Archive for the Language Category

Word of the day

Posted in Language on March 26, 2011 by malcog

via Dictionary.com

kismet \KIZ-met; -mit\, noun:

Destiny; fate.

It’s pure kismet when these two find each other.
— Janet Maslin, “The Mighty’: Talents to Make Buddies — Walking and Wisecracking”, New York Times, October 9, 1998

Winning wasn’t essential, though it seemed kismet that Cone, for a second straight year, came back from injury to pitch in a game that clinched a bit of postseason bliss.
— Claire Smith, “Cone Puts the Yankees’ Minds at Ease”, New York Times, September 21, 1997

Applewhite’s writings are heavy with kismet: he said he was visiting a hospitalized friend when Mrs. Nettles entered the room and their eyes locked in a shared recognition of esoteric secrets.
— Barry Bearak, “Eyes on Glory: Pied Pipers of Heaven’s Gate”, New York Times, April 28, 1997

Kismet comes (via Turkish) from Arabic qismah, “portion, lot.”

Word of the Day

Posted in Language on March 20, 2011 by malcog

Via   Dictionary.com

truckle \TRUHK-uhl\, intransitive verb:

1. To yield or bend obsequiously to the will of another; to act in a subservient manner.

noun:
1. A small wheel or roller; a caster.

Only where there was a “defiance,” a “refusal to truckle,” a “distrust of all authority,” they believed, would institutions “express human aspirations, not crush them.”
— Pauline Maier, “A More Perfect Union”, New York Times, October 31, 1999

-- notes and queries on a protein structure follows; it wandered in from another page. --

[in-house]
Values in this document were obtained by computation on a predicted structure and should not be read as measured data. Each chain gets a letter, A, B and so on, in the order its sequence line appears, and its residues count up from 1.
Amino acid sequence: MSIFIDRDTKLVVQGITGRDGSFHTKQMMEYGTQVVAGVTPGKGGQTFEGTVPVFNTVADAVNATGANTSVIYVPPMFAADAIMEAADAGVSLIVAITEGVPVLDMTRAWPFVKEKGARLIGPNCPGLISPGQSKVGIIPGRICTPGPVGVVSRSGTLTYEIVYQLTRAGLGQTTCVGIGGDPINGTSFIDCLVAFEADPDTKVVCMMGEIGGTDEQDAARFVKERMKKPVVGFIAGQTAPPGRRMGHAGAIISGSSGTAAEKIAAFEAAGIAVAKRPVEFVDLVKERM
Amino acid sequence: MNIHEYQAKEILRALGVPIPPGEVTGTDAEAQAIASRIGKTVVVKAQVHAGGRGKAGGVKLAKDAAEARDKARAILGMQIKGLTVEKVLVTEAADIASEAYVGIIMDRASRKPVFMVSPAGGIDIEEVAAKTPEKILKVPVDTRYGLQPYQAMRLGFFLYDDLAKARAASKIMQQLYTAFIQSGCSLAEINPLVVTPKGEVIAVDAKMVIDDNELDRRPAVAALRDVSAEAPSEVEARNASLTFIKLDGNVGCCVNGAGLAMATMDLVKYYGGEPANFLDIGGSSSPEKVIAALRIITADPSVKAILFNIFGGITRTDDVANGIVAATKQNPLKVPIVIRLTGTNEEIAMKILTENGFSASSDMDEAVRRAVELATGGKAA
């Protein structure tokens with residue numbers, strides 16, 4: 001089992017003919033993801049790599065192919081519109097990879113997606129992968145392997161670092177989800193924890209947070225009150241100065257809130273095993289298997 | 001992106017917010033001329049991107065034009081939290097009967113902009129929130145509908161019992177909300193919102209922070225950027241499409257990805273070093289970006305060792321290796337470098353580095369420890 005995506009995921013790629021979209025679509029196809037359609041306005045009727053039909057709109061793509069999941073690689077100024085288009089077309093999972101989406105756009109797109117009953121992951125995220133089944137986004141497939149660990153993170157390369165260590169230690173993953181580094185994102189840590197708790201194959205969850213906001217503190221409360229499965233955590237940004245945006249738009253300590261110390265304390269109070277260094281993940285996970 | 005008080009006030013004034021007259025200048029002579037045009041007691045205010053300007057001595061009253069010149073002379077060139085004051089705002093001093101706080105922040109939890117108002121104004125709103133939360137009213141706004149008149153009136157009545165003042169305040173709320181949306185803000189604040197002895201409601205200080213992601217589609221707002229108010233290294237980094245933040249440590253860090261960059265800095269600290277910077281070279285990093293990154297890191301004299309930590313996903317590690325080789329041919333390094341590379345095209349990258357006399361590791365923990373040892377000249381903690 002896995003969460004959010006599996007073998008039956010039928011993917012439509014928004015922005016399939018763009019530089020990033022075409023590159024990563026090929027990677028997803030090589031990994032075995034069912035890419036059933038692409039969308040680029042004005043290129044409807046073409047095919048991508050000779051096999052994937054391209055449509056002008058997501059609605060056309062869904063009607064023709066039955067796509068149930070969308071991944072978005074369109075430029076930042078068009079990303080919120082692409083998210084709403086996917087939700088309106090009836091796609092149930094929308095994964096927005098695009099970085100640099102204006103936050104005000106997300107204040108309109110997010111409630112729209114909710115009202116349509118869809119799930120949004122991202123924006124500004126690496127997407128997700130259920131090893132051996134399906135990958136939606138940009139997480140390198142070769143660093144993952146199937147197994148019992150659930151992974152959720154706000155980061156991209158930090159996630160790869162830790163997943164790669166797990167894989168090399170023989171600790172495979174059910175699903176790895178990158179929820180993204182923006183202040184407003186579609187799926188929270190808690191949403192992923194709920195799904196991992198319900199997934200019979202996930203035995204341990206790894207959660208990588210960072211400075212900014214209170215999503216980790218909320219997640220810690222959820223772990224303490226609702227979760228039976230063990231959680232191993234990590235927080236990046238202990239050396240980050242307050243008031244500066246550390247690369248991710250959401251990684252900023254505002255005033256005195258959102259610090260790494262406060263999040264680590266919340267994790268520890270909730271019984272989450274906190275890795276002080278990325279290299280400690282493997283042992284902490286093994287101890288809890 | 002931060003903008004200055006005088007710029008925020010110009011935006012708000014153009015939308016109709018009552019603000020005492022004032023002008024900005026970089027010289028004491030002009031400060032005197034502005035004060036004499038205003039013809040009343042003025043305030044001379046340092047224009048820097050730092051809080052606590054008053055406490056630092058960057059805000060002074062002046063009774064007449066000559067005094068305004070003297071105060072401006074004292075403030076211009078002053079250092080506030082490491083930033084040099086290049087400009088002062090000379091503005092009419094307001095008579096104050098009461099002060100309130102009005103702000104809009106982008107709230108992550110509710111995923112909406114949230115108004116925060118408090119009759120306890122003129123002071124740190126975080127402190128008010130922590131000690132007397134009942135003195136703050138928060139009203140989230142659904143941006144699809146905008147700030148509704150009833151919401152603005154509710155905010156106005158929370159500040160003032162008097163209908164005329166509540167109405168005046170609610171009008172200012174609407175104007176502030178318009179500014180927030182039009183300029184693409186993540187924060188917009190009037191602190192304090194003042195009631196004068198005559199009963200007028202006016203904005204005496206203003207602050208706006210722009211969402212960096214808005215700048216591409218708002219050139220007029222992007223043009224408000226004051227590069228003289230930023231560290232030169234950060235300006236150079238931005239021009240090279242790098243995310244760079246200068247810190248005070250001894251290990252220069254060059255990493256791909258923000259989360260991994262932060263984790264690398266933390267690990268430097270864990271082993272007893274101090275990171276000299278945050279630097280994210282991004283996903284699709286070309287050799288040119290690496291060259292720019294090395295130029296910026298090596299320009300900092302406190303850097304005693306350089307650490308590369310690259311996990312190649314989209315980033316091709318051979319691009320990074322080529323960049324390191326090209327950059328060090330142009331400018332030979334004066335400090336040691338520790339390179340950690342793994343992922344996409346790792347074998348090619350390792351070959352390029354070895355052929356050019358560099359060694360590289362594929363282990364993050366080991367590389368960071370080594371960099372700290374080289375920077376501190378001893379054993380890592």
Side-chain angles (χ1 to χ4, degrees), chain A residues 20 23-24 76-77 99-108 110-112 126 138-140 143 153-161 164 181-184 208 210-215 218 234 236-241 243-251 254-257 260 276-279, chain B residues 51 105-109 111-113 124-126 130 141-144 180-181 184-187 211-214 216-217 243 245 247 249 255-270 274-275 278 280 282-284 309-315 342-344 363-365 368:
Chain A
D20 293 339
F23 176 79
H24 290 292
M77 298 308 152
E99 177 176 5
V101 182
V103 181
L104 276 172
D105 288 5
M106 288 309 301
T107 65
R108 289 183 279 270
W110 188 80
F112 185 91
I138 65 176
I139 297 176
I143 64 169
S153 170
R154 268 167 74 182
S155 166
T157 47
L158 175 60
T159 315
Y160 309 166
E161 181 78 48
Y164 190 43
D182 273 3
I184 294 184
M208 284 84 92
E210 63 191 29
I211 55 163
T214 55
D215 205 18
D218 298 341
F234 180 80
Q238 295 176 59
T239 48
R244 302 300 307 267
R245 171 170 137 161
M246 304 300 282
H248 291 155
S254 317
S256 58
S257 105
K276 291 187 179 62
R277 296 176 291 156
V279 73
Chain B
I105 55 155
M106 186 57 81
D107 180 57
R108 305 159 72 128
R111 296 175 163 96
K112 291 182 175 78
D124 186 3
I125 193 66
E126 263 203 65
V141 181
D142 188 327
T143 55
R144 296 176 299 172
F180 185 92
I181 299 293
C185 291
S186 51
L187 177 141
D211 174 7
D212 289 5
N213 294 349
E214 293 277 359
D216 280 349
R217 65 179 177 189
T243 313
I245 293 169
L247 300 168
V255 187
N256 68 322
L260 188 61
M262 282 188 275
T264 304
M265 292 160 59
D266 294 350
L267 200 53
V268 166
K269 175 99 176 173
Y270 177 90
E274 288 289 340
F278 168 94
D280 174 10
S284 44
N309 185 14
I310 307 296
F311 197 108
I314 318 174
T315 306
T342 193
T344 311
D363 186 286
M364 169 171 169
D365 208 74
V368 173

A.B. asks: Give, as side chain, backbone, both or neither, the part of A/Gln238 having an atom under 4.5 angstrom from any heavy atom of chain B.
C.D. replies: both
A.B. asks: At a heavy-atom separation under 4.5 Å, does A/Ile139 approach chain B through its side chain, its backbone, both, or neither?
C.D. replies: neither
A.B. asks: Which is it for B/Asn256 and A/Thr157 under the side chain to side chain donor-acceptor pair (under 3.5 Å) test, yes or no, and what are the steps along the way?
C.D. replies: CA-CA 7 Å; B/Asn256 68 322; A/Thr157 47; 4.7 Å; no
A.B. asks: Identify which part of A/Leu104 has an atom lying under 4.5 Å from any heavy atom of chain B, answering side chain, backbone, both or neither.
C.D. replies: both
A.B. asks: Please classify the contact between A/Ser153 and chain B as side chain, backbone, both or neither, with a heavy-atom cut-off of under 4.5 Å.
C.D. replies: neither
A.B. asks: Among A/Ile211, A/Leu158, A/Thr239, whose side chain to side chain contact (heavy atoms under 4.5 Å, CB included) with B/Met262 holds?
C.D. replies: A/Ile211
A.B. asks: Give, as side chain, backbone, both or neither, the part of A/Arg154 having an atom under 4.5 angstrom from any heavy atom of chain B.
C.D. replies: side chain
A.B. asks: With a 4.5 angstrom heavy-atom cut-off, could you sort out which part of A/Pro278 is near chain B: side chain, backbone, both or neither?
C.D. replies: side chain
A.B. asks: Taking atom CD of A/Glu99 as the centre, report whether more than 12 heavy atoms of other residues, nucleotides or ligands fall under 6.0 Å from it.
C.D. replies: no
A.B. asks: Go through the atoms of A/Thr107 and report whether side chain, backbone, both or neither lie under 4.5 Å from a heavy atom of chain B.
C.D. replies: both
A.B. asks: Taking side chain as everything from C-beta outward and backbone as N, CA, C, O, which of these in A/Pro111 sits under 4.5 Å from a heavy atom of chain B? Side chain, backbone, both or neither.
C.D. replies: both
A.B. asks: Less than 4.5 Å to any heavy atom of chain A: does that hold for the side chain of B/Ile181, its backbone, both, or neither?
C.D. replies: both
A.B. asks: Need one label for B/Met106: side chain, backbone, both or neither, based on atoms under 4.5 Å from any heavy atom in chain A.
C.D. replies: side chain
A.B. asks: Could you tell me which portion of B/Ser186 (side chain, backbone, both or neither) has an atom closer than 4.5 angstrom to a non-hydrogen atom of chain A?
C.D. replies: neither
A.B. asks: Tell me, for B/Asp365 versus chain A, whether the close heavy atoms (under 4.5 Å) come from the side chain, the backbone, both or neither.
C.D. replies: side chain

The son struggled to be obedient to the conventional, commercial values of the father and, at the same time, to maintain his own playful, creative innocence. This conflict could make him truckle in the face of power.
— Dr. Margaret Brenman-Gibson, quoted in “Theater Friends Recall Life and Works of Odets,” by Herbert Mitgang, New York Times, October 30, 1981

I am convinced that, broadly speaking, the audience must accept the piece on my own terms; that it is fatal to truckle to what one conceives to be popular taste.
— Sidney Joseph Perelman, quoted in “The Perelman Papers,” by Herbert Mitgang, New York Times, March 15, 1981

Truckle is from truckle in truckle bed (a low bed on wheels that may be pushed under another bed; also called a trundle bed), in reference to the fact that the truckle bed on which the pupil slept was rolled under the large bed of the master. The ultimate source of the word is Greek trokhos, “a wheel.”

The MSM truckle about trying to gain the favor of the Vacationer in Chief.

Let’s get started with the word of the day

Posted in Language, Uncategorized on March 3, 2011 by malcog

Courtesy Dictionary.com

gimcrack \JIM-krak\, noun:

1. A showy but useless or worthless object; a gewgaw.

adjective:
1. Tastelessly showy; cheap; gaudy.

Yet the set is more than a collection of pretty gimcracks.
— Frank Rich, Hot Seat

In those cities most self-conscious about their claim to be part of English history, like Oxford or Bath, the shops where you could have bought a dozen nails, home-made cakes or had a suit run up, have shut down and been replaced with places selling teddy bears, T-shirts and gimcrack souvenirs.
— Jeremy Paxman, The English: A Portrait of a People

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